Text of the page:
June 20, 2014
By Ken Waxman
Like many projects related to improvised music, the origin of Warsaw’s FOR TUNE (Publishing House) recordings began with three jazz fans talking. Jarek Polit, vice-president of the label and one of its three full-time staffers, had been managing a record store for decades, and he was enthusiastically telling two of his regular customers about the 11-piece Power of the Horns (POH) band which hadn’t yet recorded. Similarly enthusiastic, the other two joined forces with him to present POH in a small local cub. “It was like hitting the bull’s eye,” recalls Polit. “So we thought we might create a phonographic company to implement our own ideas, and record some interesting though not commercially viable projects.” Released as a two-disc CD-DVD package, POH’s Alaman became the first For Tune in 2013. Now the catalogue is heading towards 30 releases with many more to come.
FOR TUNE’s full-time staff is small. Besides Polit, who also works in radio and presents concerts, there’s another vice president Ryszard Wojciul, also a musicologist and journalist; plus Witold Zińczuk, record collector and businessman involved in municipal sanitation, who is label president. “We’ve got plenty of great, excellently trained musicians in Poland,” notes Polit, “but not all have been afforded an opportunity to register their accomplishments. Our ambition is to publish projects that we find the most interesting among various musical genres, bearing the mark of originality and an individual stamp of its creator.” To that end For Tune has moved beyond the avant-garde jazz of its initial releases to encompass other styles, each characterized by a different cover color code. Magenta stands for jazz; green for world music; orange marks contemporary music; blue is for avant pop; and yellow covers hard-to-categorize styles. “New music genres we may offer in the future will be marked with new colors,” Polit says.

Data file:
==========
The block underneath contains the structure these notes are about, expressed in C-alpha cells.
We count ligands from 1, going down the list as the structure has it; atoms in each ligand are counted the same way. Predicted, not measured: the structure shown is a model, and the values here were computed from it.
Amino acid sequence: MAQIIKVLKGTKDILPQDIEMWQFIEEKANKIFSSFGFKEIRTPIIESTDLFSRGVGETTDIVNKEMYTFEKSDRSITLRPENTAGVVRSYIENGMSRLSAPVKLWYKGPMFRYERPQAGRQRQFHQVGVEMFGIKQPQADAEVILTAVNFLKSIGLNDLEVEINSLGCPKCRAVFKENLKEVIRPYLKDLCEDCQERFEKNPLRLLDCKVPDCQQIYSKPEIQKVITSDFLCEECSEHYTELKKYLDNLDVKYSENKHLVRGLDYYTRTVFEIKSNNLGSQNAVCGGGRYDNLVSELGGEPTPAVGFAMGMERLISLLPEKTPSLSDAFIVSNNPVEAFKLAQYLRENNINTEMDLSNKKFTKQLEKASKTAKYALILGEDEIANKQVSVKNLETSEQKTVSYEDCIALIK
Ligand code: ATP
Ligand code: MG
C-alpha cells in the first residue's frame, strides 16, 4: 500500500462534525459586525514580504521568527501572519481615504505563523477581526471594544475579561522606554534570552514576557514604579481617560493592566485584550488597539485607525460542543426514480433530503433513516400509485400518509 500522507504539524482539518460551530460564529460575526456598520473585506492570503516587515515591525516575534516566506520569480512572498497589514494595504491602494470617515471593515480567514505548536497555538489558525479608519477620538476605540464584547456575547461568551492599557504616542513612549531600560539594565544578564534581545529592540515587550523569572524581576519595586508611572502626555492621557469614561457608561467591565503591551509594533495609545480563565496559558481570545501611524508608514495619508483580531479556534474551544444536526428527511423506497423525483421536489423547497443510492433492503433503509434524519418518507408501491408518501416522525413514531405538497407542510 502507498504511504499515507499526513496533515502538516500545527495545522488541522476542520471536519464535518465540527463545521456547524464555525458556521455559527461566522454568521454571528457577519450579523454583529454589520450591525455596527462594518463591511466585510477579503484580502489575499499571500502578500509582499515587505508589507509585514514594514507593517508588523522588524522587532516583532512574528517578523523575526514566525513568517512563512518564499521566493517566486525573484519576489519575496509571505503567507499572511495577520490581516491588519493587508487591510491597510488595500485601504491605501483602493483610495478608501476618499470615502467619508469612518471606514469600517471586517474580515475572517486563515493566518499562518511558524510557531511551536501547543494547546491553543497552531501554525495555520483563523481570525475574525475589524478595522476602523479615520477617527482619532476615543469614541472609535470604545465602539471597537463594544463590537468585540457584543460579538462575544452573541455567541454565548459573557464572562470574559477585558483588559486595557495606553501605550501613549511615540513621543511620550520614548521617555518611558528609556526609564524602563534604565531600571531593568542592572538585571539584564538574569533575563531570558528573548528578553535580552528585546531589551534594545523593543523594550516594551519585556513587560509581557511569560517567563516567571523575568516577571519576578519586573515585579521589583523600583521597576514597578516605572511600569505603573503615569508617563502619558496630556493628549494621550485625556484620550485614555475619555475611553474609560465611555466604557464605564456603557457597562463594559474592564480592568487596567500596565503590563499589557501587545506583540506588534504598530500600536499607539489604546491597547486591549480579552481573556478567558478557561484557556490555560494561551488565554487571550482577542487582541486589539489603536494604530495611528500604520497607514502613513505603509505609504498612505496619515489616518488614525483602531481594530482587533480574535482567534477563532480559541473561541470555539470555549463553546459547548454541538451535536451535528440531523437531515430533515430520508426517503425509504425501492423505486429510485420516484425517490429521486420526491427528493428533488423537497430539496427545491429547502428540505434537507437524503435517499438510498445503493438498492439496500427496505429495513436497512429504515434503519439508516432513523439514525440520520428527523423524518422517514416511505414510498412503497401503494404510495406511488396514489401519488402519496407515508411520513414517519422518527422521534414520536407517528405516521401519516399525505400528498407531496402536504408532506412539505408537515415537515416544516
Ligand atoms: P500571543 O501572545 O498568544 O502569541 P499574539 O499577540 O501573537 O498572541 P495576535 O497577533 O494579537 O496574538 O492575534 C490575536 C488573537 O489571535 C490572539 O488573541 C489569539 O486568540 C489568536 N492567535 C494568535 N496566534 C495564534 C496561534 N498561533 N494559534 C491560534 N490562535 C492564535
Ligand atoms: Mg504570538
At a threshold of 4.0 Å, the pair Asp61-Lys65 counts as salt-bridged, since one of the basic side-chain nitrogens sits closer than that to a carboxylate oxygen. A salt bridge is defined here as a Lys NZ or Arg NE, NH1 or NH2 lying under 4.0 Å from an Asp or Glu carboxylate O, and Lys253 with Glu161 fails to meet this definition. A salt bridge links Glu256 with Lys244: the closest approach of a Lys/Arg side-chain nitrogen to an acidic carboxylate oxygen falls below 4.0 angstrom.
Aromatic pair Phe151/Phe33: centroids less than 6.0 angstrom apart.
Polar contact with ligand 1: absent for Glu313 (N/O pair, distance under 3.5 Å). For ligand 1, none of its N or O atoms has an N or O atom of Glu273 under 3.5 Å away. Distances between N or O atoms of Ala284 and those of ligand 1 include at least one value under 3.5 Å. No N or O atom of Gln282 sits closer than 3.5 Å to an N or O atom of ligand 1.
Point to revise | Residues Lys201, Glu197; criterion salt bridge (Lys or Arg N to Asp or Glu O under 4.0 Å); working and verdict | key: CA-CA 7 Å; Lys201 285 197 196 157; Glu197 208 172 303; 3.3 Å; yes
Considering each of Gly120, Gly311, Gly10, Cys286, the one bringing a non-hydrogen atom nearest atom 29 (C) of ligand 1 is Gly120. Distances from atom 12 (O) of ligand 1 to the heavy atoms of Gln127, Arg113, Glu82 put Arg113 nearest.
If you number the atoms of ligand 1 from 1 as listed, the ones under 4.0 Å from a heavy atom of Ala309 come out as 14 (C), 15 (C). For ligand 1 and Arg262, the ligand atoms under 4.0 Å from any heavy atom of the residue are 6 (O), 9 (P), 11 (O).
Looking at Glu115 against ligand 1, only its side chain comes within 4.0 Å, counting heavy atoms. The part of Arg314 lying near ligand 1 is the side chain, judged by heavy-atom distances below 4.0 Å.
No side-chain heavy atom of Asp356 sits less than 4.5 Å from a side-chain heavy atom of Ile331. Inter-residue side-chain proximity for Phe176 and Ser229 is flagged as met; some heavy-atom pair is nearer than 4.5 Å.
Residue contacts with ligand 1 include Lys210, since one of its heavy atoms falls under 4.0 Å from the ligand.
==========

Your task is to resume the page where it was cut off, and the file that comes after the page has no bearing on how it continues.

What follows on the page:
Despite its slight change in orientation For Tune remains true to its goal of exposing deserving artists. “Most recordings we made of Polish artists have been their debut albums. It is usually us who approach the players and offer them to register their upcoming projects. There were a few cases when the artists brought us ready-made recordings. At times we suggest a line-up for the next project of an artist with whom we collaborate,” Polit reveals.
Another preference is for the emotion conveyed in live recordings. “We think that concert recordings of improvised music where performers are in direct contact with the audience far outstrip studio recordings,” notes Polit “It’s not uncommon for us to organize a concert of an artist we find interesting in order to record their music. We hire top guns in Poland for the job, so our concert recordings sometimes sound as if they were registered in a studio but have that energy of a live concert. We aren’t very radical about it, though. In our catalogue we have many albums that were registered in a studio, and sometimes we even encourage musicians to make a studio recording.”
Alto saxophonist Maciej Obara, who has so far recorded two For Tune CDs, Komeda and Live at Manggha is a prime example of the label’s philosophy. When his international quartet consisting of pianist Dominik Wania, bassist Ole Morten Vaagan and drummer Gard Nilssen first official concert was playing the music of Krzysztof Komeda at a Łódz jazz festival, “I decided to record it myself and it become one of the first released albums from this label. For Tune is about freedom in music. In my experience they never impose anything on artists. There’s a very friendly atmosphere, a kind of trust and pure idea of arts. It's not only bussines, it’s also a kind of patronage.”